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Baby Naming Ceremony for a Girl  
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Question

I am a Christian who knows very little about Jewish traditions and customs. My son is married to a Jewish woman who bore him a daughter. The family is going to have a baby naming ceremony. I understand that it is customary for grandparents, among others, to make a statement at the service. Could you suggest something appropriate for us to say at the baby naming ceremony of our Jewish granddaughter?

Answer

In terms of Jewish custom, there are two kinds of naming ceremonies for girls.

1. The most traditional custom for hundreds of years is for a girl to be named during the course of a worship service in the synagogue and while the Torah scroll (the Five Books of Moses) is being read. This is generally done during the first month or two, but it can be held later. A special blessing of gratitude is recited for the healthy delivery of the baby and for the health of the mother. In order to "identify" the two in the prayer, their names are recited in Hebrew and English. Thus, the baby girl is "named." Similarly, when a boy is circumcised, the same prayer for healthy recovery is recited, and thus the boy is "named" at the circumcision.

These traditional synagogue namings for the baby girl are often followed by a "kiddush" (collation). Different people may speak during this kiddush. Most likely they would express gratitude for health and healthy delivery, and explain the name(s) selected for the baby, in Hebrew and also in English. This may be an opportunity for you to wish the young people and your grandchild the fulfillment of every worthy hope and blessings.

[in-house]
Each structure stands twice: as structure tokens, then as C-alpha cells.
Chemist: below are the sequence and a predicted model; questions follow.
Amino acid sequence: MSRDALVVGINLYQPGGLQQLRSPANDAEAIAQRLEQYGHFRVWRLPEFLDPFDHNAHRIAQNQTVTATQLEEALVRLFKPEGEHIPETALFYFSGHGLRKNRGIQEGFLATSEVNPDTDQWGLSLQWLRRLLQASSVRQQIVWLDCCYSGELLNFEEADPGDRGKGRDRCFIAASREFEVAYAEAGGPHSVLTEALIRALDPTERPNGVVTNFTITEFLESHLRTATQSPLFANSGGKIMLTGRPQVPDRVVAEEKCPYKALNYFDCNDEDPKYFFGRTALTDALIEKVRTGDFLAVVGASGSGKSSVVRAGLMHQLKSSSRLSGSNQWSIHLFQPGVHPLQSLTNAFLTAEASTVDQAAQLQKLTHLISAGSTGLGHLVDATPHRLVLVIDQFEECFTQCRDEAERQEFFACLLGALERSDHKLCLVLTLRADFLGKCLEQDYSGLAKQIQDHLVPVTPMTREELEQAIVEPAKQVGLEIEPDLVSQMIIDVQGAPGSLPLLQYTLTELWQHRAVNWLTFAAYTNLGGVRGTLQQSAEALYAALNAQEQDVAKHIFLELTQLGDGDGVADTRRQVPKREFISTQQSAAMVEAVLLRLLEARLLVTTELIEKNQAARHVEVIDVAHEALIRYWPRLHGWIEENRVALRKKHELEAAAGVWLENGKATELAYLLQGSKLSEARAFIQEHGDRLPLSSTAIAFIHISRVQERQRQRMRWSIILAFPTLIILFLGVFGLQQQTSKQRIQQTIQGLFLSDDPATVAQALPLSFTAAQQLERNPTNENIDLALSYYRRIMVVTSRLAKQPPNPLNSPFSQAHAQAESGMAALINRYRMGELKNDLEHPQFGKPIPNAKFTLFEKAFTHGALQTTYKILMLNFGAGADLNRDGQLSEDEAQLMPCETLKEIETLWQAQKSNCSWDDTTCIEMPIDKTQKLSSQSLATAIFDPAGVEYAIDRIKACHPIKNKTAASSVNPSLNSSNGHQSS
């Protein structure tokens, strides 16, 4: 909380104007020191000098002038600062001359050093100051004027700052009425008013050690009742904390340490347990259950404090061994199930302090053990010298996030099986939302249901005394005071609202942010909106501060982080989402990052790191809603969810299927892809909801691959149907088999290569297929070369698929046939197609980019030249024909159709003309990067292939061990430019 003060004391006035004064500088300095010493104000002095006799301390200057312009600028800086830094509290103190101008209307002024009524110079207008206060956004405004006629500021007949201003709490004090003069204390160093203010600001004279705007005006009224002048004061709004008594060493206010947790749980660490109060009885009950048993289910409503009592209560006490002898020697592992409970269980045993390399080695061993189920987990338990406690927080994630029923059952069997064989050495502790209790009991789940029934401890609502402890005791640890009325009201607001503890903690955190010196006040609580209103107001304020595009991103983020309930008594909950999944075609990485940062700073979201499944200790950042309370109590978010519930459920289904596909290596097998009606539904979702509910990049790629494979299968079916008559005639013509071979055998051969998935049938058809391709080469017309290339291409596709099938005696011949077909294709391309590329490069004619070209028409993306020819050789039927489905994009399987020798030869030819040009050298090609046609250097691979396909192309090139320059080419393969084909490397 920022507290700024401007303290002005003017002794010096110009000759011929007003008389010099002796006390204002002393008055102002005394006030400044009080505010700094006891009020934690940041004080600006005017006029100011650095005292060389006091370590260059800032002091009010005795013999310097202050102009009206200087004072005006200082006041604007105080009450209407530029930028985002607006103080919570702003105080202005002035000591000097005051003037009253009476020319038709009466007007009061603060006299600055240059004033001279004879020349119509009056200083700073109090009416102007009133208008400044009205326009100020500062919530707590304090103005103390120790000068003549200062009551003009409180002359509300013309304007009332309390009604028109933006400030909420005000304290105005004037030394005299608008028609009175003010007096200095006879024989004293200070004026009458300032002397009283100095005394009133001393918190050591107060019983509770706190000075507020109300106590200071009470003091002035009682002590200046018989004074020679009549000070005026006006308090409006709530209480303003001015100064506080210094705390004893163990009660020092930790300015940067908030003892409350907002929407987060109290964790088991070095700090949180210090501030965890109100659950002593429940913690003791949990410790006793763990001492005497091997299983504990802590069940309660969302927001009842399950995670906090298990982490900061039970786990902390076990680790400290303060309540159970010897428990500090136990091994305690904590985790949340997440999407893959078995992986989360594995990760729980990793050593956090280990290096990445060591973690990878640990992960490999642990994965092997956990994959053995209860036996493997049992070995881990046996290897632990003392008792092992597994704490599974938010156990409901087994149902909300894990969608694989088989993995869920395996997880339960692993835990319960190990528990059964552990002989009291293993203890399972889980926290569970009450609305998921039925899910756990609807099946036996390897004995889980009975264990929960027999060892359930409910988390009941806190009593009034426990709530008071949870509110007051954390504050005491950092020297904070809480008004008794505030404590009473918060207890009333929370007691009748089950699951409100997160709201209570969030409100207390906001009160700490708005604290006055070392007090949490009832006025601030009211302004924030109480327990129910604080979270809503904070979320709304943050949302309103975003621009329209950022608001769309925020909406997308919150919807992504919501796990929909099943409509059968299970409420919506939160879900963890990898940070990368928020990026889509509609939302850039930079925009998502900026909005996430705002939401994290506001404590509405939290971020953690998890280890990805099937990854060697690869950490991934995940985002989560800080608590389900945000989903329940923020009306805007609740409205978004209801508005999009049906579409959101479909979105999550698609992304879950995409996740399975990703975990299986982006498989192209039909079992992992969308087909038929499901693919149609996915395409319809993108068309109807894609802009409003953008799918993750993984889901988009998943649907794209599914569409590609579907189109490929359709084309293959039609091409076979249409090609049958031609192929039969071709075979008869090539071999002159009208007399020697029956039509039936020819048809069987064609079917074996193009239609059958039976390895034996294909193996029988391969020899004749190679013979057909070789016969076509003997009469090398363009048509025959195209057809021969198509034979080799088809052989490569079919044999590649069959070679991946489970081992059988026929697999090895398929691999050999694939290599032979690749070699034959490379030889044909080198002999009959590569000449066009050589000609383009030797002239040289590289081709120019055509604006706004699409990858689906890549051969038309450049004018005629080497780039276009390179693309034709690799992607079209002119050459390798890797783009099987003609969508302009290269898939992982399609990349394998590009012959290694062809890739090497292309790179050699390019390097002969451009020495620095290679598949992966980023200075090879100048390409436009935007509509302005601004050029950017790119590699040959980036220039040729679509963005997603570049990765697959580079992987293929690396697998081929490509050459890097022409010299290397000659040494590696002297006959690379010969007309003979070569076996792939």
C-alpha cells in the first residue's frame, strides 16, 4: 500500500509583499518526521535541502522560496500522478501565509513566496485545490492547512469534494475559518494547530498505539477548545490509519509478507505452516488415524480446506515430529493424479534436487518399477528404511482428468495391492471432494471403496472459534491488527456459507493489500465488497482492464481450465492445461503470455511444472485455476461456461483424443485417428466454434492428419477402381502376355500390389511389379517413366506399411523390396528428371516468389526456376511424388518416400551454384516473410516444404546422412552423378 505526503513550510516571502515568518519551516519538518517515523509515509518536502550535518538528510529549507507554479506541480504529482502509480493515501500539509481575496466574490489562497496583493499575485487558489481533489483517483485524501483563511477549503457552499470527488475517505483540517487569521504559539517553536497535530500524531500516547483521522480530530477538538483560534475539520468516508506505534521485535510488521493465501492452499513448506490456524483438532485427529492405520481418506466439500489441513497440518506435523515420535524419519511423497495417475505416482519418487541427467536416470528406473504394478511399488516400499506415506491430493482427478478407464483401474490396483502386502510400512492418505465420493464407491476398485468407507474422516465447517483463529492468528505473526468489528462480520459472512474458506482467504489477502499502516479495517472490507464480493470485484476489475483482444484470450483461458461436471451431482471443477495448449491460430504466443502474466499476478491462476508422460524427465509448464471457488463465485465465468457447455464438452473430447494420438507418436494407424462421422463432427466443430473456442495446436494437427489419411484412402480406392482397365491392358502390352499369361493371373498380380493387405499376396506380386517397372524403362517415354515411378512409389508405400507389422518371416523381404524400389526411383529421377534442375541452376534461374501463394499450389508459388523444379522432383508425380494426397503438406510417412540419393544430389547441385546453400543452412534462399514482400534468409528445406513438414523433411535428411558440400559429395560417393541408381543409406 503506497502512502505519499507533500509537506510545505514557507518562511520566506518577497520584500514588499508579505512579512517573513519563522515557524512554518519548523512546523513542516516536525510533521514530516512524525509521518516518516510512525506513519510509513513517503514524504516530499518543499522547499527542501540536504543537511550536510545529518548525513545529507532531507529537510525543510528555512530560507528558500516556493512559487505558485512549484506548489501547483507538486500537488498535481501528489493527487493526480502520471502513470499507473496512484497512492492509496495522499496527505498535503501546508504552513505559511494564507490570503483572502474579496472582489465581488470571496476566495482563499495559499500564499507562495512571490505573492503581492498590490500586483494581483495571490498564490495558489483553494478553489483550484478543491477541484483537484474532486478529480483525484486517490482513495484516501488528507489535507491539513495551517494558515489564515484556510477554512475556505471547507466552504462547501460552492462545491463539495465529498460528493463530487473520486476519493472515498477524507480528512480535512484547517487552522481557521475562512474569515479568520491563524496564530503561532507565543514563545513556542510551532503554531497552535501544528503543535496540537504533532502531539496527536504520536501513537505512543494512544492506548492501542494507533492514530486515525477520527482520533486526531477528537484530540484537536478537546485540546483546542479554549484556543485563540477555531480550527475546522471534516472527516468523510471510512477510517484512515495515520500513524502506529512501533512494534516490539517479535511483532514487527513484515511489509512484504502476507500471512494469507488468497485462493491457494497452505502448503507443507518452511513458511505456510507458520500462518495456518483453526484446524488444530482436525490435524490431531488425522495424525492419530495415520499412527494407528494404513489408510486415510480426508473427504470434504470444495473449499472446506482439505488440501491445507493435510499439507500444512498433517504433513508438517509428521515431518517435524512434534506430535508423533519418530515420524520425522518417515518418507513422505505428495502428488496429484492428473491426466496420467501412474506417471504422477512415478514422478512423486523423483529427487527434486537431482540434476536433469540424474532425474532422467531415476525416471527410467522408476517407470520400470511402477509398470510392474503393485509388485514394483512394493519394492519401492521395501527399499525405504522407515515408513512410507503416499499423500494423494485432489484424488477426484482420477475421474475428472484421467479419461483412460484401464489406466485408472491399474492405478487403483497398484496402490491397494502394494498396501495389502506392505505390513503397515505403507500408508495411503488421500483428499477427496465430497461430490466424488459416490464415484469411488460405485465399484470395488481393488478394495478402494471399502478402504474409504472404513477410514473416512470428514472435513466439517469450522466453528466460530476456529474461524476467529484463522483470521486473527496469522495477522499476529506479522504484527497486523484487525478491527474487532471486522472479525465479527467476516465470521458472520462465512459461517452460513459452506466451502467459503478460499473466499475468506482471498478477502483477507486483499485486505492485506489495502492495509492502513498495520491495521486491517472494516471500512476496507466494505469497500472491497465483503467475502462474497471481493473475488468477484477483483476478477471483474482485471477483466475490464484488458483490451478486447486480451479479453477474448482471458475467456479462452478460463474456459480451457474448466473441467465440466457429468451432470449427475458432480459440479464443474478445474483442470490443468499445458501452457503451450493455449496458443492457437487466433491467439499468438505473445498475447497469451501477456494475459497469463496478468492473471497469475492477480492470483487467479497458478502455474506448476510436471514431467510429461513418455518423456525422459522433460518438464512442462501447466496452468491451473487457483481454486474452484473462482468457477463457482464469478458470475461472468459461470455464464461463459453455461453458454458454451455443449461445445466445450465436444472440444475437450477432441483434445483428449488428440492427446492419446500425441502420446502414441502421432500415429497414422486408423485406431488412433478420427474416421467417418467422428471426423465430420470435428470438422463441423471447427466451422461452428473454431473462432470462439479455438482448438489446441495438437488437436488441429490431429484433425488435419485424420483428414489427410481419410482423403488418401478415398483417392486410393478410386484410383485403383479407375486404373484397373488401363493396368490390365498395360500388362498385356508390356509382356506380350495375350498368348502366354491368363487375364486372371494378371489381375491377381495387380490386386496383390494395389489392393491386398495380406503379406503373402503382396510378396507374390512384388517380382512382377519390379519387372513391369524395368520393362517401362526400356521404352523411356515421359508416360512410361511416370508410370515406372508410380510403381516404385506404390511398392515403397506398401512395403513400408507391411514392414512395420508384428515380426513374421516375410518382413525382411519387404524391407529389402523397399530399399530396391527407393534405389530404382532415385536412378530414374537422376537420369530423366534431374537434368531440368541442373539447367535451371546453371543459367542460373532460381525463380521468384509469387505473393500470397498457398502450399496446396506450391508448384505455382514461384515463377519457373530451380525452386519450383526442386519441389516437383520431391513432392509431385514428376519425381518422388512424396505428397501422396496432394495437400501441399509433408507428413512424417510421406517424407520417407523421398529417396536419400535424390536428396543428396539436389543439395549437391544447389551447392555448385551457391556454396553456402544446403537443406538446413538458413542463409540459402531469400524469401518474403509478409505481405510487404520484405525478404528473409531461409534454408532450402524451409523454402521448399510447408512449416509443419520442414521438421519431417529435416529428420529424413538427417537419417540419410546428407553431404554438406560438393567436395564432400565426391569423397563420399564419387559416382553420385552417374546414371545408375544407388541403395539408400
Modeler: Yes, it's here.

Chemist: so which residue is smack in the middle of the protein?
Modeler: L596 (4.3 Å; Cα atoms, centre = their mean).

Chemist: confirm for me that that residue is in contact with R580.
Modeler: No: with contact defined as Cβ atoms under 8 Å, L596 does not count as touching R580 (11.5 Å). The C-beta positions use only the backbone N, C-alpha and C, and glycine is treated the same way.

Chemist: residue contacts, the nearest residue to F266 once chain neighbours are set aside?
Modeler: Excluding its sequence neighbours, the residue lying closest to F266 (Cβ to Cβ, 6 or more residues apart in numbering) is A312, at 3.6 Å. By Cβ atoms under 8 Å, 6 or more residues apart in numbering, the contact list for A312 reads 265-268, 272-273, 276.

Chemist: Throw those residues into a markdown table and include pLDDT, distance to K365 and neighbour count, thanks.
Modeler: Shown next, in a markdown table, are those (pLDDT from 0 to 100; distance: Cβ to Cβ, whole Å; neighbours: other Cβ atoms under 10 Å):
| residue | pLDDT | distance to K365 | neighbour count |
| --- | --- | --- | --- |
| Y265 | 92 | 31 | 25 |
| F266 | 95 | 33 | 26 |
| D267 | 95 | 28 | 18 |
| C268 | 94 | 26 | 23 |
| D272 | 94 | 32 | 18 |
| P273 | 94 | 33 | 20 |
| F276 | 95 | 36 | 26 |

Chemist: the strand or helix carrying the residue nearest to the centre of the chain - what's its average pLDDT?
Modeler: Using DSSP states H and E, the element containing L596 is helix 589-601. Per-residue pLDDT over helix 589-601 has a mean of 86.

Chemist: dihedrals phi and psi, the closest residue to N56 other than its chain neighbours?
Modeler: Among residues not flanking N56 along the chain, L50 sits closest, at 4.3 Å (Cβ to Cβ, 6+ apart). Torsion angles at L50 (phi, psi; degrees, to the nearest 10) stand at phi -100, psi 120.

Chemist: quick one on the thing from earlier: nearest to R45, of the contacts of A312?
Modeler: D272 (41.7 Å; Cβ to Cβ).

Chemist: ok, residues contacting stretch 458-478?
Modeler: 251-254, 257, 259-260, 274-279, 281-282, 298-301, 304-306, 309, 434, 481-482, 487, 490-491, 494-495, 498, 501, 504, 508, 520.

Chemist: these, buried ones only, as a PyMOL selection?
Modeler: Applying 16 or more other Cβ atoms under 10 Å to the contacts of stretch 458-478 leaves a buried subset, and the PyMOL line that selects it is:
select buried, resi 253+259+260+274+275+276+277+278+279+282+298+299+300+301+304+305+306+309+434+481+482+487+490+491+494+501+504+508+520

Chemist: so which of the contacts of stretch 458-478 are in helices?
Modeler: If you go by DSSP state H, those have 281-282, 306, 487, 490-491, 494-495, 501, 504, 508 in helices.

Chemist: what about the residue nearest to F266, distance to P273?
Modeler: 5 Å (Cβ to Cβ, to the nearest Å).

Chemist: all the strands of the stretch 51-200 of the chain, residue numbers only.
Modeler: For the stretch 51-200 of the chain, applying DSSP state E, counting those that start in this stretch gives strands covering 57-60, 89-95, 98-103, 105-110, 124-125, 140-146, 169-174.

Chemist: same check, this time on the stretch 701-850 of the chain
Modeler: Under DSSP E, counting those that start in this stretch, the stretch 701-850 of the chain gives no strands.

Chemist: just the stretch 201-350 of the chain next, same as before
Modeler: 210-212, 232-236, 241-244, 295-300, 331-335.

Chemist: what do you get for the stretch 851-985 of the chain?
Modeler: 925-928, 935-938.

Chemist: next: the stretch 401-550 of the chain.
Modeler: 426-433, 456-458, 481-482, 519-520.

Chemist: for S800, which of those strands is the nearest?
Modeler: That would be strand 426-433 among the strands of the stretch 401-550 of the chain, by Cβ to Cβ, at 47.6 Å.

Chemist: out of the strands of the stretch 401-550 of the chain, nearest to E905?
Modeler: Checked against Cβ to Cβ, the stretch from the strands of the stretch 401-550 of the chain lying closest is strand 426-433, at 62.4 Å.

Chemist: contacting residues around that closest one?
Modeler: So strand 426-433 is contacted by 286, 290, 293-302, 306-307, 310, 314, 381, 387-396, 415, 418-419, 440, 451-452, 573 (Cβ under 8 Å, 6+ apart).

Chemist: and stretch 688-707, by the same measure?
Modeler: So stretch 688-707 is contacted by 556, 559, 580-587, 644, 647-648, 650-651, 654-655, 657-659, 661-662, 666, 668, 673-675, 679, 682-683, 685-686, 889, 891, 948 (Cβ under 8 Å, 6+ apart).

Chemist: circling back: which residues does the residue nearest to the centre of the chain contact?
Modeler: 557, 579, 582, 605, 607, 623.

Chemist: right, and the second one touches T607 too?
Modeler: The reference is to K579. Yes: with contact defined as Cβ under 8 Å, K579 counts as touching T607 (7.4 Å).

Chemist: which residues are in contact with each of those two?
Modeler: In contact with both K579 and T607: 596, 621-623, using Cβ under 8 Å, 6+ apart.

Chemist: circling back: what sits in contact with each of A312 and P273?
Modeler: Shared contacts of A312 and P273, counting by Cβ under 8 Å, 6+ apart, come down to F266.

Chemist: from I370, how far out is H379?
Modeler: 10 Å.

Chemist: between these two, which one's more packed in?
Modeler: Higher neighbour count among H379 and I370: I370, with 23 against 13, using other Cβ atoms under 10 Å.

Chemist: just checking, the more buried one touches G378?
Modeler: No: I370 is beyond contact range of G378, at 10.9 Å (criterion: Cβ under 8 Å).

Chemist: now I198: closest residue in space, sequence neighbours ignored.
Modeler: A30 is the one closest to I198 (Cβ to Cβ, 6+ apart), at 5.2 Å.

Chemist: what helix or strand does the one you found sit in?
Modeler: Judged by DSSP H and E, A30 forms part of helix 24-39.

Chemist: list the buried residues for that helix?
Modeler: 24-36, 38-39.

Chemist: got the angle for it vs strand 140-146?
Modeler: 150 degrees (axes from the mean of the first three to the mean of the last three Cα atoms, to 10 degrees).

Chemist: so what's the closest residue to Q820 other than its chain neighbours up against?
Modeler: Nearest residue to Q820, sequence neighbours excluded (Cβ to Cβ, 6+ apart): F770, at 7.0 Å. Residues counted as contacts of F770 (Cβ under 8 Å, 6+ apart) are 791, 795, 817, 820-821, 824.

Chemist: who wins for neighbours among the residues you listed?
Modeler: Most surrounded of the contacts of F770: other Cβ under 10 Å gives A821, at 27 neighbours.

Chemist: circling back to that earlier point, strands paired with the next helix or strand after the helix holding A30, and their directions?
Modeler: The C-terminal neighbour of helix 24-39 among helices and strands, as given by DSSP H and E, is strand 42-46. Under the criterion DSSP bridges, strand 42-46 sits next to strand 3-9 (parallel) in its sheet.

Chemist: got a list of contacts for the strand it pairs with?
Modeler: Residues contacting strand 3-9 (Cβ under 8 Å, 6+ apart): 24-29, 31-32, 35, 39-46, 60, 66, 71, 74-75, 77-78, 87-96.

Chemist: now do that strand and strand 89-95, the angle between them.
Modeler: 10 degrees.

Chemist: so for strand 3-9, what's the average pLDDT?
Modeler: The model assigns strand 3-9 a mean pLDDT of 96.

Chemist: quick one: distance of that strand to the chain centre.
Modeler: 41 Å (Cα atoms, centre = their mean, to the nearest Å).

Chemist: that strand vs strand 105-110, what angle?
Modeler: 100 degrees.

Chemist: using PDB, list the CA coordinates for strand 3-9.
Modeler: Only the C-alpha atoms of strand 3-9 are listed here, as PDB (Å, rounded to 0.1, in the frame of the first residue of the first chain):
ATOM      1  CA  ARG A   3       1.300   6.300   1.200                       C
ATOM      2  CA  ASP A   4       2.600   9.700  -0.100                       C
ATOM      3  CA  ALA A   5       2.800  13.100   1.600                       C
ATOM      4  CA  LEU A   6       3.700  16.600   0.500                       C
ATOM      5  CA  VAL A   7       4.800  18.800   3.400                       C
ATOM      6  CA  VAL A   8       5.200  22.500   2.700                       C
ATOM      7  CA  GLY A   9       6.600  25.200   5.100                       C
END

2. Today, many families are having less traditional, more creative, baby naming ceremonies for their newborn daughters in their homes. These ceremonies tend to be more similar to the bris or brit milah (circumcision ceremony) of the baby boy, which often takes place in the parents' home. These ceremonies are often less formal than the traditional synagogue naming ceremonies. At the naming in the home, relatives, including grandparents, may be invited to say a few words. Again, your wishes for the parents and their new baby would be appropriate.

I think you would find the books (2 volume set) "How To Be A Perfect Stranger" helpful and interesting.

Best Wishes,

Rabbi Barry Dov Lerner
Foundation for Family Education (FFFE)

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